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© 2014

Situational Method Engineering

  • The first comprehensive summary of what situational method engineering is and how to apply it

  • A formal meta-model allows readers to perform quality assessment for customized methods

  • Illustrates successfully customized methods with the help of several industrial case studies

Book

Table of contents

  1. Front Matter
    Pages i-xx
  2. SME Basics

    1. Front Matter
      Pages 1-1
    2. Brian Henderson-Sellers, Jolita Ralyté, Pär J. Ågerfalk, Matti Rossi
      Pages 3-25
    3. Brian Henderson-Sellers, Jolita Ralyté, Pär J. Ågerfalk, Matti Rossi
      Pages 27-52
    4. Brian Henderson-Sellers, Jolita Ralyté, Pär J. Ågerfalk, Matti Rossi
      Pages 53-68
    5. Brian Henderson-Sellers, Jolita Ralyté, Pär J. Ågerfalk, Matti Rossi
      Pages 69-114
  3. Applying SME in Practice

    1. Front Matter
      Pages 115-115
    2. Brian Henderson-Sellers, Jolita Ralyté, Pär J. Ågerfalk, Matti Rossi
      Pages 117-131
    3. Brian Henderson-Sellers, Jolita Ralyté, Pär J. Ågerfalk, Matti Rossi
      Pages 133-167
    4. Brian Henderson-Sellers, Jolita Ralyté, Pär J. Ågerfalk, Matti Rossi
      Pages 169-194
    5. Brian Henderson-Sellers, Jolita Ralyté, Pär J. Ågerfalk, Matti Rossi
      Pages 195-231
    6. Brian Henderson-Sellers, Jolita Ralyté, Pär J. Ågerfalk, Matti Rossi
      Pages 233-258
  4. The Future of SME

    1. Front Matter
      Pages 259-259
    2. Brian Henderson-Sellers, Jolita Ralyté, Pär J. Ågerfalk, Matti Rossi
      Pages 261-272
    3. Brian Henderson-Sellers, Jolita Ralyté, Pär J. Ågerfalk, Matti Rossi
      Pages 273-274
  5. Back Matter
    Pages 275-310

About this book

Introduction

While previously available methodologies for software – like those published in the early days of object technology – claimed to be appropriate for every conceivable project, situational method engineering (SME) acknowledges that most projects typically have individual characteristics and situations. Thus, finding the most effective methodology for a particular project needs specific tailoring to that situation. Such a tailored software development methodology needs to take into account all the bits and pieces needed for an organization to develop software, including the software process, the input and output work products, the people involved, the languages used to describe requirements, design, code, and eventually also measures of success or failure.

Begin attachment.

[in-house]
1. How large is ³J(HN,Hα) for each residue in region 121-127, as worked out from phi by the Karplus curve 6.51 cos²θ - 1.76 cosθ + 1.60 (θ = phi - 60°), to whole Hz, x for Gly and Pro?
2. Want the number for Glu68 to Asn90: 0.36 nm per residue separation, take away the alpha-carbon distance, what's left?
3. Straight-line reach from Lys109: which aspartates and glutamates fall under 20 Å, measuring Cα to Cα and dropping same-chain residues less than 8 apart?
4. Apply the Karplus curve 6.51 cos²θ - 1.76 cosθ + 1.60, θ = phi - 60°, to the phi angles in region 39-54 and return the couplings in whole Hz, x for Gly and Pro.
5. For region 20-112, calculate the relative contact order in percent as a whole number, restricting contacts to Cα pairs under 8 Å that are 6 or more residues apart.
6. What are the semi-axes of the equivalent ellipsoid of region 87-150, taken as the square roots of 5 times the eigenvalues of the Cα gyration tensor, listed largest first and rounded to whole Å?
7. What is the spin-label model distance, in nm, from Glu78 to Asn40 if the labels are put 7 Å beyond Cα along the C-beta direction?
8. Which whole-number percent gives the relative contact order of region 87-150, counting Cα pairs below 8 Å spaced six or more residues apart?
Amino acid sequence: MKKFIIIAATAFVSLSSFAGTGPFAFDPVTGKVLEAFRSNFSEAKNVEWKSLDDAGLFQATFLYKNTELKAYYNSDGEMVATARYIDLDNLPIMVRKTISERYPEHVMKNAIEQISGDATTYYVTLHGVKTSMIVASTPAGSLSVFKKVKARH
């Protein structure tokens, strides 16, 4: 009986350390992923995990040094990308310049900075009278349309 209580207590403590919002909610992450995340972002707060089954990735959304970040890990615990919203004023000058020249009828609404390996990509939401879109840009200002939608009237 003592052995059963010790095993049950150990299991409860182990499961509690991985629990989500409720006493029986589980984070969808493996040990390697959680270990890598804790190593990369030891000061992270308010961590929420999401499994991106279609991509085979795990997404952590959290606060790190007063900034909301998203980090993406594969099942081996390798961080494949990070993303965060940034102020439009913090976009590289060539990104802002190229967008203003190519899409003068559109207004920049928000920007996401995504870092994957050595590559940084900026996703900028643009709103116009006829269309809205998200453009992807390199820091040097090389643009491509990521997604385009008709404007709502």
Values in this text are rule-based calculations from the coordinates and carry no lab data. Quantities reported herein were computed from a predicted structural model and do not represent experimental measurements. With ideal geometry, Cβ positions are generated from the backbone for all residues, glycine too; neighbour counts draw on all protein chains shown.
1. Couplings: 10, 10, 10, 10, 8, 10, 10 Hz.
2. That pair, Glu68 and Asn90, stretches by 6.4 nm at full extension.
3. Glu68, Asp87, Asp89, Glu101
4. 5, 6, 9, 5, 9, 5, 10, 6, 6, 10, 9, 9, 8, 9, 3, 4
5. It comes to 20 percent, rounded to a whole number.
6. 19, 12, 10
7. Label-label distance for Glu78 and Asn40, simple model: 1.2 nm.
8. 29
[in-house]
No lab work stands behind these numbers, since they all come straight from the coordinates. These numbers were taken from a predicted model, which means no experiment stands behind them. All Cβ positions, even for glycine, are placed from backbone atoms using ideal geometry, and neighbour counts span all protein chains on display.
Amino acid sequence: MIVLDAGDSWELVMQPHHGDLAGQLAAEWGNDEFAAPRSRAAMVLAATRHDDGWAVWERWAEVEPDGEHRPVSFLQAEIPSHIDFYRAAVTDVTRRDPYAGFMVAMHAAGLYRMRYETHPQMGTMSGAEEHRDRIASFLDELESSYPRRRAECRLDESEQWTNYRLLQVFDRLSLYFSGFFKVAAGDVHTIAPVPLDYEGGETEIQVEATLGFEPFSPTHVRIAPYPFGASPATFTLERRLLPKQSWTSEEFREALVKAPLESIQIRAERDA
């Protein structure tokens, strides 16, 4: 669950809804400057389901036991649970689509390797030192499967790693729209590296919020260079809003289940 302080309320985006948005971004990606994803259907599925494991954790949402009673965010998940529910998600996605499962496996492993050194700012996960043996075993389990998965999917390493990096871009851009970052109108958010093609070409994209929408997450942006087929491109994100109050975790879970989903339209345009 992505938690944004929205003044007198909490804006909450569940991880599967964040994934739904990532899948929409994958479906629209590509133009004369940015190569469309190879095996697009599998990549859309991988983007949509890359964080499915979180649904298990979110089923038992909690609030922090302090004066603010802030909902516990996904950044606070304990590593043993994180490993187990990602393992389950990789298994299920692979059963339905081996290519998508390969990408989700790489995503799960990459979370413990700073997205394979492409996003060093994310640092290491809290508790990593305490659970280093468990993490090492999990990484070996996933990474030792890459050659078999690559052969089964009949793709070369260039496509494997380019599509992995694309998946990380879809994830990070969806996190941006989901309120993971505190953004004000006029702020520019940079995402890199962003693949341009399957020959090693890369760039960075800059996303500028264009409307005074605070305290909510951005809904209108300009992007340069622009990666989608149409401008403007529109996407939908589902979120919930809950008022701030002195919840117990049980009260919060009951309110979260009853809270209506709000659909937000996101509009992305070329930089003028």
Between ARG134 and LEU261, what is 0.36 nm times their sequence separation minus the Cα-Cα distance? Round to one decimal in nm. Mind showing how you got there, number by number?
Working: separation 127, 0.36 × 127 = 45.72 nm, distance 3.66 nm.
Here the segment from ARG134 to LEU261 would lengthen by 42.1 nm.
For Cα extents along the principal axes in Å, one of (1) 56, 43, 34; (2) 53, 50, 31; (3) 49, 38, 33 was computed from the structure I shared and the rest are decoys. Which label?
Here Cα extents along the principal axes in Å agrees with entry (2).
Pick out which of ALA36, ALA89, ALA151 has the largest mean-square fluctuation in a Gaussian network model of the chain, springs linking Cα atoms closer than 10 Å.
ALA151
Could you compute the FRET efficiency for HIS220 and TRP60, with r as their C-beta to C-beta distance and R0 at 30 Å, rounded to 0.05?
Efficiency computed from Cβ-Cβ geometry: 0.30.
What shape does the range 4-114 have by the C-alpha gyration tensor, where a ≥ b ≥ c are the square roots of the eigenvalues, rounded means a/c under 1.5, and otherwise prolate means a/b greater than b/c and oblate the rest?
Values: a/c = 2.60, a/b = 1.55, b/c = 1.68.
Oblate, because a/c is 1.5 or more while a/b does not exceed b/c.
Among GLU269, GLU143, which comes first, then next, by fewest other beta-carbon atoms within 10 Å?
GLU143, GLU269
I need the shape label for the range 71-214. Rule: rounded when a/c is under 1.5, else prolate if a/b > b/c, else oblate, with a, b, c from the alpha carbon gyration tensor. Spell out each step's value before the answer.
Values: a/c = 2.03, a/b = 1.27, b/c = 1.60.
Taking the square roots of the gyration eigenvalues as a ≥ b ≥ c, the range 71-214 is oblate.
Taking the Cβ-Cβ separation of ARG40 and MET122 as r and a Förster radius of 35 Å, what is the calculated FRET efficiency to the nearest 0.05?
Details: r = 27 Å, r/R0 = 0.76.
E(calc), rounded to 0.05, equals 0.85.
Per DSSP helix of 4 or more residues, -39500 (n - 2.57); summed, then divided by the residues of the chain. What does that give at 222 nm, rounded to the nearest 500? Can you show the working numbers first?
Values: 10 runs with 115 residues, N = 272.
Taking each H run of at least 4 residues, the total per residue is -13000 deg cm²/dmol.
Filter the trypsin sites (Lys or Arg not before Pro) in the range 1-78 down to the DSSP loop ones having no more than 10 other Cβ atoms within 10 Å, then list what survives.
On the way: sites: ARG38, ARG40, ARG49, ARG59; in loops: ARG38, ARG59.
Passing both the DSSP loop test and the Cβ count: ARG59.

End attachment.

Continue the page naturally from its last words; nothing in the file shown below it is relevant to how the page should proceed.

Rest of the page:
The authors have structured the book into three parts. Part I deals with all the basic concepts, terminology and overall ideas underpinning situational method engineering. As a summary of this part, they present a formal meta-model that enables readers to create their own quality methods and supporting tools. In Part II, they explain how to implement SME in practice, i.e., how to find method components and put them together and how to evaluate the resulting method. For illustration, they also include several industry case studies of customized or constructed processes, highlighting the impact that high-quality engineered methods can have on the success of an industrial software development. Finally, Part III summarizes some of the more recent and forward-looking ideas.

This book presents the first summary of the state of the art for SME. For academics, it provides a comprehensive conceptual framework and discusses new research areas. For lecturers, thanks to its step-by-step explanations from basics to the customization and quality assessment of constructed methods, it serves as a solid basis for comprehensive courses on the topic. For industry methodologists, it offers a reference guide on features and technologies to consider when developing in-house software development methods or customising and adopting off-the-shelf ones.